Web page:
Win The L&D Bet By Focusing On Skills Training With Mobile Learning
Skills training requires learners to think independently and apply their knowledge. With the increasing demand for continuous learning, mobile learning is quickly becoming the go-to format for training in most organizations. Here are the most recent mobile learning trends that can help you deliver effective skills training.
An L&D Manager’s Mobile Learning Guide To Leverage Personalized Content For Skills Training
Explore how you can utilize mobile learning for skills training.
1. User-Generated Content For Peer-To-Peer Learning
On-the-job training is essential for any training, and more so for skills training. Most organizations include this as part of their training framework. But L&D teams have long struggled to provide continuous on-the-job training as it is almost impossible to ensure the presence of a co-worker or coach to guide the employee every time they need help.
Most of us go to Google to find out how to do a certain task, and employees at the workplace are no exception. According to a Docebo survey, almost 40% of employees do this, and that includes 1 in 3 millennials. And they prefer that to asking help from a co-worker.
Instead of Google or a co-worker, why not share User-Generated Content (UGC) through mobile devices for quick learning opportunities? UGC has evolved from social learning, and today, it enables learners to create content from their own experience and share it with peers. It is a mobile learning trend that is going to become very popular in the coming days to deliver effective skills training.
For example, if a learner is interested to learn about sales skills, wouldn’t a quick video or notes from a co-worker or trainer be more effective than watching generic sales skills videos on Google?
L&D teams can quickly train employees on creating User-Generated Content and the different formats it can be delivered in. Let them know that it need not be ‘amazing’. It just needs to be ‘good enough’ to help fellow employees complete their tasks at the workplace.
2. Mobile Apps For Active Learning
Did you know that almost 57% of today’s employees prefer learning on the go? You can help learners ‘sharpen the saw’ by facilitating active learning through mobile apps—microlearning refreshers following instructor-led skills training or eLearning.
Create micro quizzes that can be quickly accessed by learners on their smartphones. One or two questions that pop up on their mobile screens every day at a set time is a great way to reinforce learning.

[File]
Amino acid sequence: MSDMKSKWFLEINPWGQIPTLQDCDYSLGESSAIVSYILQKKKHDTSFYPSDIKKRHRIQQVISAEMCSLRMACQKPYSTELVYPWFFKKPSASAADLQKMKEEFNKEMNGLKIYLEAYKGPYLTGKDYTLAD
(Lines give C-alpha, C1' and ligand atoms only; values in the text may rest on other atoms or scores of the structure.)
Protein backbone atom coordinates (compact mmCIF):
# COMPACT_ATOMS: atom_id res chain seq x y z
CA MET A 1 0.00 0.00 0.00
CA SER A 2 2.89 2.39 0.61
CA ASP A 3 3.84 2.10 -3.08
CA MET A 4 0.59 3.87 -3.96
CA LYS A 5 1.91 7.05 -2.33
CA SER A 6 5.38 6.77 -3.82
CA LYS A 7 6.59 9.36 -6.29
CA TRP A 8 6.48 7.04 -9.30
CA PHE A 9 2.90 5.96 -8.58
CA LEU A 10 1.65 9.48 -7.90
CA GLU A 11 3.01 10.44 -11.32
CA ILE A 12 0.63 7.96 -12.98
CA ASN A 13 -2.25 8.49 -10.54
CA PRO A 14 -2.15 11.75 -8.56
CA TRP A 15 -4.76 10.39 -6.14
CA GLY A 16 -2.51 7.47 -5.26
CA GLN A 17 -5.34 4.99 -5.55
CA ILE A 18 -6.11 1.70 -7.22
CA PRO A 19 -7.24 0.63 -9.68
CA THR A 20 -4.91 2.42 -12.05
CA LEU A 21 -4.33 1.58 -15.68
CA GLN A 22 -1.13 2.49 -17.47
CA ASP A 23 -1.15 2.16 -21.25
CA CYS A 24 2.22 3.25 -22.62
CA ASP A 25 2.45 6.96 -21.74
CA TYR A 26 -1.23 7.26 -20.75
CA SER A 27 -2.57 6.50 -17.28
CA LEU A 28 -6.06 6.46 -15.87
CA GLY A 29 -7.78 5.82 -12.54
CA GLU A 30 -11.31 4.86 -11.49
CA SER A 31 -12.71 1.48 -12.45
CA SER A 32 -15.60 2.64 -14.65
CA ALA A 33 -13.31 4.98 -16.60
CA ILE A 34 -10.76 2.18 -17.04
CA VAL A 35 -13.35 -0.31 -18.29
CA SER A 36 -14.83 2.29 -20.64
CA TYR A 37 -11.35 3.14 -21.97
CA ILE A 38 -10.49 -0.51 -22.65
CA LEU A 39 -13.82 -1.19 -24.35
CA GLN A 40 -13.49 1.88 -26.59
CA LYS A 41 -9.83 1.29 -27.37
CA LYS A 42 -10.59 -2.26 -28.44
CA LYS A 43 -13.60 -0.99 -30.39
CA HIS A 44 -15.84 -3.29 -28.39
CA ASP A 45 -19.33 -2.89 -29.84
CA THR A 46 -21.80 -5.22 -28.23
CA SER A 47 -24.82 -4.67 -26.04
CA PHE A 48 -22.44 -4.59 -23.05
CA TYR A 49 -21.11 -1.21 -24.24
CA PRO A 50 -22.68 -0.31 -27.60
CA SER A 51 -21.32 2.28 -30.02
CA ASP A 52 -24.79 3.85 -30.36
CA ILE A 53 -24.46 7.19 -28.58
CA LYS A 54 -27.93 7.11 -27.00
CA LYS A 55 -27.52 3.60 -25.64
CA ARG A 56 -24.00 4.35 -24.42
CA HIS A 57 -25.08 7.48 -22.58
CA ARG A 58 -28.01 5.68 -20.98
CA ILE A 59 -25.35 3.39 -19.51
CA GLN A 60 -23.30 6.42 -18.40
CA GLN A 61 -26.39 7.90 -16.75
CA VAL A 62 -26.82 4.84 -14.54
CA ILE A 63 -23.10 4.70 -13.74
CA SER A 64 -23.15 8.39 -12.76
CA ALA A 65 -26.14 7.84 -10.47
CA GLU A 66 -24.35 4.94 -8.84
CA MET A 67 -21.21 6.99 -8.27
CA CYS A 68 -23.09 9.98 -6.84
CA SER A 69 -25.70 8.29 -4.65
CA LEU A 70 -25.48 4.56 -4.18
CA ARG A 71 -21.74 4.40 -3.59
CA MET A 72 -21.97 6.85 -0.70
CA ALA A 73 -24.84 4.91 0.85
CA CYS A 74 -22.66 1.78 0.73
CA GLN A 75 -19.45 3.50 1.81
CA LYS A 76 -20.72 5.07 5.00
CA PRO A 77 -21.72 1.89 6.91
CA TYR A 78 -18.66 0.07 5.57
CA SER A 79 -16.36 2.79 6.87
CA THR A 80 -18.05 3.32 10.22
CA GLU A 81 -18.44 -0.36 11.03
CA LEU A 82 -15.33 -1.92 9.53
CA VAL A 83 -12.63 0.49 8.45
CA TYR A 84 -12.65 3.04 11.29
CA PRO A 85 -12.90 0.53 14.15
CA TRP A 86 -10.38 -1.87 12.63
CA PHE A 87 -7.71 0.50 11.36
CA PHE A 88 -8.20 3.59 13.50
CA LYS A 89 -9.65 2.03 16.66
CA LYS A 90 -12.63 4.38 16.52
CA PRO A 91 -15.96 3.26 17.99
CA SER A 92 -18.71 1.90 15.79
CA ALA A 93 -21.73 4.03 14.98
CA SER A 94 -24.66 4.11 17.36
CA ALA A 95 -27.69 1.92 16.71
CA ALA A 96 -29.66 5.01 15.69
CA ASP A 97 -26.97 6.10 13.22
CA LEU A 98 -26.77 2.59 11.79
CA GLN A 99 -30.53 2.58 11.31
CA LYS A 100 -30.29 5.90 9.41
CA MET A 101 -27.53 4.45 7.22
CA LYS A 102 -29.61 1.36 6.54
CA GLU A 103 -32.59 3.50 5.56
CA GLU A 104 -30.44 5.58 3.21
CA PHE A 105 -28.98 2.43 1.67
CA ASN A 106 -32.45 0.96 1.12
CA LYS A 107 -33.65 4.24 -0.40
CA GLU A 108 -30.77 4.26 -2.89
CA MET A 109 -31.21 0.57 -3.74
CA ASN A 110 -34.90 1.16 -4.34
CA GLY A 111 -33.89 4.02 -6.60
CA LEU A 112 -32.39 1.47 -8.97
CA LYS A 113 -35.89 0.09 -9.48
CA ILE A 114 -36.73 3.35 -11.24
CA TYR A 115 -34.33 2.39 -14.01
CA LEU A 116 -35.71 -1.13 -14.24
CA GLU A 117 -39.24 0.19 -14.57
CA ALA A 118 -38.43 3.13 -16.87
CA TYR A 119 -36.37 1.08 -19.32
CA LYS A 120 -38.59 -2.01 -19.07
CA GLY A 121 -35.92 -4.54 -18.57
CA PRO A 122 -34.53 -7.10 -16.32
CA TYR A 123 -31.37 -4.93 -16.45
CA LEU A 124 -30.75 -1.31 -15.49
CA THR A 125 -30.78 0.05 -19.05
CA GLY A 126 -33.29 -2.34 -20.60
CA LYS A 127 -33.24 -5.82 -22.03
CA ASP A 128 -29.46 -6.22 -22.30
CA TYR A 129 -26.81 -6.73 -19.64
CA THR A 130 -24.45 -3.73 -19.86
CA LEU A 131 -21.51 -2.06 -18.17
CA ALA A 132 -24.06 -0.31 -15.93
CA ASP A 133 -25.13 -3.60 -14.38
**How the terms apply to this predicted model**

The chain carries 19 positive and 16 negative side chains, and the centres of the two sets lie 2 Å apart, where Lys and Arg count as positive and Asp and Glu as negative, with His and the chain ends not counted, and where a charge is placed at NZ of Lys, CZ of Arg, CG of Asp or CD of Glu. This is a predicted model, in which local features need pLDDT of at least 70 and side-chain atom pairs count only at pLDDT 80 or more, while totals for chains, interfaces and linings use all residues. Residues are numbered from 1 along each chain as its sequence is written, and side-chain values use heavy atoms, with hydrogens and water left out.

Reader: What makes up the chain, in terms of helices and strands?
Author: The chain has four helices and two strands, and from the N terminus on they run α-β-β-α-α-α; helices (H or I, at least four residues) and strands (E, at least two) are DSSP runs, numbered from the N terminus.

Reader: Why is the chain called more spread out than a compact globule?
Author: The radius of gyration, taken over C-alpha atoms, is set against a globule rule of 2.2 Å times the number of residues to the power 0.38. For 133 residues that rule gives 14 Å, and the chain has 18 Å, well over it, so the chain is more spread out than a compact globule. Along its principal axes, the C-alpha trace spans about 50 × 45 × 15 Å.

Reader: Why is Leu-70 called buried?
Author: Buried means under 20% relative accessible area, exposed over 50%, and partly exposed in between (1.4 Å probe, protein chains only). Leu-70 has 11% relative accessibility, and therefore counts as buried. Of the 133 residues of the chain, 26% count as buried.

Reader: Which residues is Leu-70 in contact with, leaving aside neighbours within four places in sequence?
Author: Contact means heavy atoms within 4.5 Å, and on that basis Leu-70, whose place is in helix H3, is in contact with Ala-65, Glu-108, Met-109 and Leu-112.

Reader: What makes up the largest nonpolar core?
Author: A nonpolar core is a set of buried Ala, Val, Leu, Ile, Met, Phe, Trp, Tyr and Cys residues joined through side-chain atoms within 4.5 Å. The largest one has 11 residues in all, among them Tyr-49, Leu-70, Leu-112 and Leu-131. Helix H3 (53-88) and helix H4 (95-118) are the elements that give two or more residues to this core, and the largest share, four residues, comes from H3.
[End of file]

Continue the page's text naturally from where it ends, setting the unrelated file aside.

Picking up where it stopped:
Native mobile apps can also help learners in remote locations or those on-the-move to improve their skills, even when there is limited Internet connectivity. Customized mobile learning apps are a great fit in the modern workplace where brand alignment is important. In addition to offering insights on learning metrics, they keep you informed on:
- Downloads and installs of the app
- Number of active learners using the app
- Average duration of learning using the app
- Number of users returning to use the app
3. AI Chatbots For Personalized Mobile Learning
We’ve all heard of learning chatbots that can answer specific questions. The chatbot can be transformed into a virtual coach by adding tools powered by Artificial Intelligence. Based on the skills that need to be developed, a virtual coach can recommend content or facilitate a personalized mobile learning journey for the learner.
AI chatbots transform mobile learning by:
- Sending reminders to learners about the training
- Guiding learners in the mobile environment
- Interacting with learners, just as an instructor would
- Delivering relevant information, according to a learner’s need
- Providing feedback in the learning journey
With 43% of Gen Z preferring an independent and self-directed learning approach, there is an increasing demand for personalized learning experiences. And when this learning is offered on their favorite mobile devices enabling anytime, anywhere learning, high completion rates are a given.
This mobile learning trend will continue to evolve along with the research on AI learning, offering the learner more and more benefits.
4. UX For Next Generation Mobile Learning
One mobile learning trend that’s fast becoming popular is focusing on User Experience (UX) to deliver enhanced learning experiences on mobile devices. Mobile learning content can be offered as a microlearning course, blogs, articles, videos, podcasts—the options are many!